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Open Journal of Hematology

ISSN: 2075-907X
Volume 8, 2017

Indexed in:

Open Journal of Hematology, 2015, 6-6 [Research Article]

Vitamin D Insufficiency and Liver Iron Concentration in Transfusion Dependent Hemoglobinopathies in British Columbia

Hatoon M. Ezzat1,3,*, John Wu2,3, Heather McCartney2,3, Heather A. Leitch1

1 Hematology, St. Paul’s Hospital, University of British Columbia, Vancouver, BC, Canada
2 Hematology Oncology, BC Children’s Hospital, University of British Columbia, Vancouver, BC, Canada
3 Inherited Bleeding and Red Blood Cell Disorder Program of British Columbia, University of British Columbia, Vancouver, BC, Canada

Corresponding Author & Address:

Hatoon M. Ezzat*
Hematology Division, St. Paul’s Hospital, University of British Columbia, 490-1144 Burrard Street, Vancouver, BC V6Z 2A5, Canada; Phone: 604-684-5794; Fax: 604-684-5705; Email: hezzat@providencehematology.com

Article History:
Published: 8th June, 2015   Accepted: 8th June, 2015
Received: 16th March, 2015      

© Ezzat et al.; licensee Ross Science Publishers

ROSS Open Access articles will be distributed under the terms of the Creative Commons Attribution License (http://creativecommons.org/licenses/by/3.0), which permits unrestricted use, distribution, and reproduction in any medium, provided that the original work will always be cited properly.

Keywords: Thalassemia Major, Liver Iron Concentration, 25 hydroxyvitamin D, transfusional iron overload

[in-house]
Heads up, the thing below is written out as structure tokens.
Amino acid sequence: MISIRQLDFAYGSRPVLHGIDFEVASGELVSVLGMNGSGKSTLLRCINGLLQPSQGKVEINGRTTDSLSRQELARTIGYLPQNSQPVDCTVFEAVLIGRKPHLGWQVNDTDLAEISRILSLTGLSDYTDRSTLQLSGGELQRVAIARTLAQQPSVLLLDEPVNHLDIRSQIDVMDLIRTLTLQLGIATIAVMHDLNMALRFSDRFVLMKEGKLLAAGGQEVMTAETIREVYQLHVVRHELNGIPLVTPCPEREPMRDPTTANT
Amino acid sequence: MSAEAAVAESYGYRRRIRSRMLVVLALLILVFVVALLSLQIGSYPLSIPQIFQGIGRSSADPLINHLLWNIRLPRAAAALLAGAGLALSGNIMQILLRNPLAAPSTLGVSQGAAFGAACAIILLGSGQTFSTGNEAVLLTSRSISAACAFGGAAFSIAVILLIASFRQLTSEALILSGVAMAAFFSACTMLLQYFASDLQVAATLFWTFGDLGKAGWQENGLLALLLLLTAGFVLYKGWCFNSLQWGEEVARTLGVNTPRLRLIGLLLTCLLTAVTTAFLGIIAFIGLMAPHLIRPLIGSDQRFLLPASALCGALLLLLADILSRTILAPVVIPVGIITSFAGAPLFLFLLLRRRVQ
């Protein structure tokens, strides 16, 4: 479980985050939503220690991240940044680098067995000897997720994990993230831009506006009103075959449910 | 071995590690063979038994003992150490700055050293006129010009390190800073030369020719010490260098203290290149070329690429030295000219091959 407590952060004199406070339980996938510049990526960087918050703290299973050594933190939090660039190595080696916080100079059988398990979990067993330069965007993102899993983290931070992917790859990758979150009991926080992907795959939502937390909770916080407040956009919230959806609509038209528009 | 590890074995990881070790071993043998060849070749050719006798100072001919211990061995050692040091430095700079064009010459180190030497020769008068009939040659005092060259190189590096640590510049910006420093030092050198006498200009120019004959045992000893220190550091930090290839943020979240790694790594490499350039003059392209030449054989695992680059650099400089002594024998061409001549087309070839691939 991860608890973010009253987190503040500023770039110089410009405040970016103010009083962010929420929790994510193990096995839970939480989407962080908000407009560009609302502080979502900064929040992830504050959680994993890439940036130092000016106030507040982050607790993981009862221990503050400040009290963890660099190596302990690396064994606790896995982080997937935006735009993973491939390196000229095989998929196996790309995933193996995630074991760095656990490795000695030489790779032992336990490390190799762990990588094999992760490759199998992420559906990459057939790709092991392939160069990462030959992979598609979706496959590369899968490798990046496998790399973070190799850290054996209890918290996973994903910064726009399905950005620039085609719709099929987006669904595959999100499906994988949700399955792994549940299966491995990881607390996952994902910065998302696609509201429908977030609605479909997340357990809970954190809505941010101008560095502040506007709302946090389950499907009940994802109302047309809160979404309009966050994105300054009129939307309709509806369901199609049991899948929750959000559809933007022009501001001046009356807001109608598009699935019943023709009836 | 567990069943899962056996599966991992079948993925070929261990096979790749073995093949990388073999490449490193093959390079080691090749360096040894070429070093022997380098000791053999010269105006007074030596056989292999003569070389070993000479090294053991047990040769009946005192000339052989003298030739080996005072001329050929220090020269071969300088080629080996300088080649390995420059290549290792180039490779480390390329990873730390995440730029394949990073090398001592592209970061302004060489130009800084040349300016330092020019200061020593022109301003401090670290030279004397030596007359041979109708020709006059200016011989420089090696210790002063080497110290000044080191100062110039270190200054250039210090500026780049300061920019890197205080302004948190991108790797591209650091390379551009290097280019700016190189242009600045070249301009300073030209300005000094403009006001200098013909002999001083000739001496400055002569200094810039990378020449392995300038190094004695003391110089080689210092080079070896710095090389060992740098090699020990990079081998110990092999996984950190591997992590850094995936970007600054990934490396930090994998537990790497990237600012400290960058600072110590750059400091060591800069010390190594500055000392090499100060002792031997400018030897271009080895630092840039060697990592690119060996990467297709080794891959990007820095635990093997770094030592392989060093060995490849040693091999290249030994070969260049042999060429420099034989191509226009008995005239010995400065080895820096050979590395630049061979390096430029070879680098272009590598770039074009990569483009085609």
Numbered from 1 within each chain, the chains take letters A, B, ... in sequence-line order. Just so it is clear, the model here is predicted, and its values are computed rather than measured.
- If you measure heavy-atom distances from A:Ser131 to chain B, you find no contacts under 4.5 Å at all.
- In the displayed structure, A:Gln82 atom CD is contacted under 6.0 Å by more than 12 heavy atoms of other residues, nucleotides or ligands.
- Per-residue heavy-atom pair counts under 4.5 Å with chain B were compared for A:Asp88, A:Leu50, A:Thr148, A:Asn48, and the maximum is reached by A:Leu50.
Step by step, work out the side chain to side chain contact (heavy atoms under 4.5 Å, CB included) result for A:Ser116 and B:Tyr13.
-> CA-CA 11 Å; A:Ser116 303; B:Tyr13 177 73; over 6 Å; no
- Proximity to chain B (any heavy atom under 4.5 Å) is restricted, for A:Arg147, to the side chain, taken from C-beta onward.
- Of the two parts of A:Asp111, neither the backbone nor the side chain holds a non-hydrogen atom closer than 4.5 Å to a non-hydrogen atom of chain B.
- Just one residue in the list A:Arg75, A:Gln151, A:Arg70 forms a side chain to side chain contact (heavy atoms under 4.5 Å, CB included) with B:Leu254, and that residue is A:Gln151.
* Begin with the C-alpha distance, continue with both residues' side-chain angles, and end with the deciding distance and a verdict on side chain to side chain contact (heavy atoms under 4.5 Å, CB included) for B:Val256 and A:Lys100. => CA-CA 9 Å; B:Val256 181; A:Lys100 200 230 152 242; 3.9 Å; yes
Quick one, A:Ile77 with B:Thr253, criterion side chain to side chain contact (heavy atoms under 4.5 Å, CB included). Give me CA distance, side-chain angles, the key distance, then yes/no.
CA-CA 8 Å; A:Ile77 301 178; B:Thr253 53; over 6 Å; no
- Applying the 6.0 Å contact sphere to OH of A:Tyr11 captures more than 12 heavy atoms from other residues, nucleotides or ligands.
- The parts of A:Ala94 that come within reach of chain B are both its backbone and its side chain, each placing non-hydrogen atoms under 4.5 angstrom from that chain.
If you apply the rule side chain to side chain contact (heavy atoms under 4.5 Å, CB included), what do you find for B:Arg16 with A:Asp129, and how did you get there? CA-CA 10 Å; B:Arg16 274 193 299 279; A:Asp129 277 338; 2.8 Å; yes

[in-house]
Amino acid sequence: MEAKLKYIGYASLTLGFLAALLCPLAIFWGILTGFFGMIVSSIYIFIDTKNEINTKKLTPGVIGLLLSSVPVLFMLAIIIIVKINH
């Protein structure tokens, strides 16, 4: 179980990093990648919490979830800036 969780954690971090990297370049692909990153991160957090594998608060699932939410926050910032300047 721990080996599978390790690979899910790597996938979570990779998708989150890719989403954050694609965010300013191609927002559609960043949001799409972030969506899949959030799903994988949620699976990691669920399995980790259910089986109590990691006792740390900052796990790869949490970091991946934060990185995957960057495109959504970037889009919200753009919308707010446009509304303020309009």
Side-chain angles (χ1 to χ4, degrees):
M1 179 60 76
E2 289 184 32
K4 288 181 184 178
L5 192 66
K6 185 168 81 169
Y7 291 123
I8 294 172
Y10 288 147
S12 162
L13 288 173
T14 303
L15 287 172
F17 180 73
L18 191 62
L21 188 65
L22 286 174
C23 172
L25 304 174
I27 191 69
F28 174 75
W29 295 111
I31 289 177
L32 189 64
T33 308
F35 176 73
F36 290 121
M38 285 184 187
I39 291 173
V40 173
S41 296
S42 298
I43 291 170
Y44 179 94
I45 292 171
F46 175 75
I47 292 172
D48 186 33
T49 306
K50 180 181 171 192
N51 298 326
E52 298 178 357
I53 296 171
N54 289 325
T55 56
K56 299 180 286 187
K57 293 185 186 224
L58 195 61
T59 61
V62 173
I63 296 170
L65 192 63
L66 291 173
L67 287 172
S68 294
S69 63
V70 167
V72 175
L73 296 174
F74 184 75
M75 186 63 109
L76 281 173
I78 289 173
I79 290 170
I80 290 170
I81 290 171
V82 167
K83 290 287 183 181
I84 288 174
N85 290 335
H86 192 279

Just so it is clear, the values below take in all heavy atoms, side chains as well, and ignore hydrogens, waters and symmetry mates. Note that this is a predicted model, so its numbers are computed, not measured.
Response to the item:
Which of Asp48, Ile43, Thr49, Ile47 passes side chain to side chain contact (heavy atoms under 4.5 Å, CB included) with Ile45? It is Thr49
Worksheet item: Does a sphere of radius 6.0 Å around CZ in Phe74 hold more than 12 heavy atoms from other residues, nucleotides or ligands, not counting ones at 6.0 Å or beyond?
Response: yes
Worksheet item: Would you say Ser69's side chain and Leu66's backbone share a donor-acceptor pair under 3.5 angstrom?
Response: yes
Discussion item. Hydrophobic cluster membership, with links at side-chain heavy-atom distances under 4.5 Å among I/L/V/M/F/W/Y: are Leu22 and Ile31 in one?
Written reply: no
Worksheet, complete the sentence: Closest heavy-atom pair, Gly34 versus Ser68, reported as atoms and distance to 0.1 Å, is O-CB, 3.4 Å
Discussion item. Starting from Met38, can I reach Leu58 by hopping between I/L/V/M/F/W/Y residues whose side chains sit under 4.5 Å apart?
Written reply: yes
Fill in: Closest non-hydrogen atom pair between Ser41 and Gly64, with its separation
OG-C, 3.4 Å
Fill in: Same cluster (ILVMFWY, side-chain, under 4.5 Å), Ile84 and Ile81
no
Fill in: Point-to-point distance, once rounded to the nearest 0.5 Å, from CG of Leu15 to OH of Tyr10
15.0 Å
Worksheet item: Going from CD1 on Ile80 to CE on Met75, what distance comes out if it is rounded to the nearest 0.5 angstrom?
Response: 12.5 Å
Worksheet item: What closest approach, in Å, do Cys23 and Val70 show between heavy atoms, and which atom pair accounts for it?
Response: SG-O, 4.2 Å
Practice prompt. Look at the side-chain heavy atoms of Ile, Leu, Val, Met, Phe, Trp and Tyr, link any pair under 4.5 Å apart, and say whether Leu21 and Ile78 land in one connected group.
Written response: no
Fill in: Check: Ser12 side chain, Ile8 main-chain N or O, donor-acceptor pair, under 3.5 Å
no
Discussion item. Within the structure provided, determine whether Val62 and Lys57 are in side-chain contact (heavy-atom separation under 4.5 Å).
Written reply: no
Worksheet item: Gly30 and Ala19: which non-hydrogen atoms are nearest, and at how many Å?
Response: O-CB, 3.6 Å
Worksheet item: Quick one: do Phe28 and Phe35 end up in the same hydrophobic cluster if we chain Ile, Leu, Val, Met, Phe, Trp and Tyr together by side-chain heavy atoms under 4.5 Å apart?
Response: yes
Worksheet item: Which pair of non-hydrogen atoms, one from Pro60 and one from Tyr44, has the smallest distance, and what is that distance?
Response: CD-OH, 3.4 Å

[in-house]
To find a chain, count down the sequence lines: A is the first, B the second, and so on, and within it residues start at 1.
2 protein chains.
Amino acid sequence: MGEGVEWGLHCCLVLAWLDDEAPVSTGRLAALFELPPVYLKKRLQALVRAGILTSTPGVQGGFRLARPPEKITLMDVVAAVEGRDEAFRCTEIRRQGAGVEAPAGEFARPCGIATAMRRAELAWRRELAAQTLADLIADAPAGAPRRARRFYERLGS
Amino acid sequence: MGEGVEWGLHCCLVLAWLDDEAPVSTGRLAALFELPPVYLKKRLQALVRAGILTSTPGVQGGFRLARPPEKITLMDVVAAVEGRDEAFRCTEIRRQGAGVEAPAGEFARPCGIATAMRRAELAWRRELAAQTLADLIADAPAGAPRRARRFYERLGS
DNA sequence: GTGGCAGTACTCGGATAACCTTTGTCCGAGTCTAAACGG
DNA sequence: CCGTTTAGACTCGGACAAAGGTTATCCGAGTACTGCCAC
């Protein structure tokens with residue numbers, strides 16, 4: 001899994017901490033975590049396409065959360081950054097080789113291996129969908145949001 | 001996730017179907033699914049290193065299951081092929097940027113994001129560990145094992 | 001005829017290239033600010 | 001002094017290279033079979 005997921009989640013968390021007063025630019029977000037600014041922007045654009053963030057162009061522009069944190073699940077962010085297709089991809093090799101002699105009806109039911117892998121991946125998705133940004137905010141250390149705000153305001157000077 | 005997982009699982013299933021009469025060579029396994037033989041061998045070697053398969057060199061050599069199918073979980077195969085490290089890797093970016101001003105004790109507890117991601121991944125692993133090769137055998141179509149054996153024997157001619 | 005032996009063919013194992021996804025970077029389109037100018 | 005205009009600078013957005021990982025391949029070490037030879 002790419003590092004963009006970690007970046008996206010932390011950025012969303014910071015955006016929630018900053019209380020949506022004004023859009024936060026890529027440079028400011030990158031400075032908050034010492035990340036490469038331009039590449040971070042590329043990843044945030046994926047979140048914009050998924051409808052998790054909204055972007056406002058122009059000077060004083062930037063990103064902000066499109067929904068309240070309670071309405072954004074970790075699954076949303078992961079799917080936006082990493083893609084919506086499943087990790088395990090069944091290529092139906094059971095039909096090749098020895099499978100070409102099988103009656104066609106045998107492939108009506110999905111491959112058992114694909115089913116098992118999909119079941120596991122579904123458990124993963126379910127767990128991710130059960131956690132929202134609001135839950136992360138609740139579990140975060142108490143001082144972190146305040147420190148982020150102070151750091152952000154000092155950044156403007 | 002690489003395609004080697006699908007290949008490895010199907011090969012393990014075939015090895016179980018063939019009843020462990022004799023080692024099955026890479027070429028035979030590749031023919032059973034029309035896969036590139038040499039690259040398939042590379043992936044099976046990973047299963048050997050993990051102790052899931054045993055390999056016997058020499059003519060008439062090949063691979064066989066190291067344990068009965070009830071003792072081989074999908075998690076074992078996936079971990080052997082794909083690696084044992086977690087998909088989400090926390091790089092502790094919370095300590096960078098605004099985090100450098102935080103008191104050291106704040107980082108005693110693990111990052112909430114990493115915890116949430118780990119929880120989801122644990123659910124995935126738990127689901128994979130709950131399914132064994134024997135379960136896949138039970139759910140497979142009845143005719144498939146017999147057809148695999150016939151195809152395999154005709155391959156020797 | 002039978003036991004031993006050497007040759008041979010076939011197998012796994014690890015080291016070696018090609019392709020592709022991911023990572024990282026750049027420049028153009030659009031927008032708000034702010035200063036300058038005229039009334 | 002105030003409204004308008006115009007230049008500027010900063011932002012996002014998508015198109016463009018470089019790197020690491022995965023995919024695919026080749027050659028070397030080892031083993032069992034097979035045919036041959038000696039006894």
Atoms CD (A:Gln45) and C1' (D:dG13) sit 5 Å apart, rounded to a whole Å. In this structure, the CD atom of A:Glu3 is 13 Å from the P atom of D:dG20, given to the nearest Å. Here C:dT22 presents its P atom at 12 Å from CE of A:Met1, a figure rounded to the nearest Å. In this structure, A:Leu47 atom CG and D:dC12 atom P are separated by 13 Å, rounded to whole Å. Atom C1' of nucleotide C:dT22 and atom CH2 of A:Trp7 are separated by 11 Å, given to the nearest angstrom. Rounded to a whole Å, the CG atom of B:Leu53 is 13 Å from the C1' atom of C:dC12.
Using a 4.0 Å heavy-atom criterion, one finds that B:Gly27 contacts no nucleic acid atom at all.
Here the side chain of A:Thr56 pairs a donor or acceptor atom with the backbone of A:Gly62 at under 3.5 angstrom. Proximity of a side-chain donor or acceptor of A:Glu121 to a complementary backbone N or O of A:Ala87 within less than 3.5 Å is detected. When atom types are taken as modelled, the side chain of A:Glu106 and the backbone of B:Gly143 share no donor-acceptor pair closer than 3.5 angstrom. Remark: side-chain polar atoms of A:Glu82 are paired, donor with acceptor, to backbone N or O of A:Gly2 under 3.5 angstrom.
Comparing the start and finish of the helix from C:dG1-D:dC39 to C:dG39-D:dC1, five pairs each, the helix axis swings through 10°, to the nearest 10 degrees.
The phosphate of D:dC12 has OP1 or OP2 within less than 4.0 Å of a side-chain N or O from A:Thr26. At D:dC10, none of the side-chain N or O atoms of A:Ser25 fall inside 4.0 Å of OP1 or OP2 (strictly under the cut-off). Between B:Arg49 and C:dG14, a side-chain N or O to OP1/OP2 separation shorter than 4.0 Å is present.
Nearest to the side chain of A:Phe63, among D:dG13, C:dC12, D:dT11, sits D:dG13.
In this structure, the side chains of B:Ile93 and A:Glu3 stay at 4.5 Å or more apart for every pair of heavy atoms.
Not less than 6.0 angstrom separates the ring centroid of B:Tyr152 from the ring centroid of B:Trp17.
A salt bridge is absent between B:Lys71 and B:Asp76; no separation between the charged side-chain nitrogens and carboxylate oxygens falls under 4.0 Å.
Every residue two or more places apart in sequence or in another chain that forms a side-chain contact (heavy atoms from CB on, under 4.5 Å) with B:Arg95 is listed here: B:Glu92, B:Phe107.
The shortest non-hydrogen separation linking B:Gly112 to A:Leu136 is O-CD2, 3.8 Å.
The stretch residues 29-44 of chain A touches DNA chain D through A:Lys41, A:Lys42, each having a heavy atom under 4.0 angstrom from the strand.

Patients with thalassemia major (TM) and other chronically transfused hereditary anemias are at increased risk of complications including endocrinopathies and bone disease due to iron overload. Vitamin D is important for bone health. Vitamin D deficiency is common in patients with transfusional iron overload, and the mechanism remains unclear. The first step in vitamin D metabolism, hydroxylation, occurs in the liver and liver iron overload may interfere with this step. This study investigates an association between degree of liver iron overload and vitamin D levels in patients with transfusion dependent hemoglobinopathies. Patients with TM, hemoglobin Eβ TM (Eβ TM), and congenital dyserythropiotc anemia (CDA) attending the Inherited Bleeding and Red Blood Cell Disorder Program in British Columbia (IBRBCD BC), Canada were identified. Included patients had an assessment of liver iron concentration (LIC) by MRI and endocrinology assessment including 25 hydroxy vitamin D level. Thirty patients were identified. The mean LIC was 5.13 mg/g dry weight (DW). Vitamin D deficiency/insufficiency was identified in 19 (63.3%). Eleven (36.7%) patients had an LIC ≥5 mg/gDW, 8 of whom had a vitamin D level <60 nmol/L, indicating moderate vitamin D insufficiency or deficiency. There was a significant association between LIC >5 mg/gDW and vitamin D level <60nmol/L (P= 0.027) and there was a significant inverse correlation between LIC and vitamin D (R=-0.33). These results indicate an association between increased LIC and vitamin D insufficiency/deficiency, suggesting that liver iron overload may indeed affect vitamin D metabolism. Prospective trials are needed to confirm these results.

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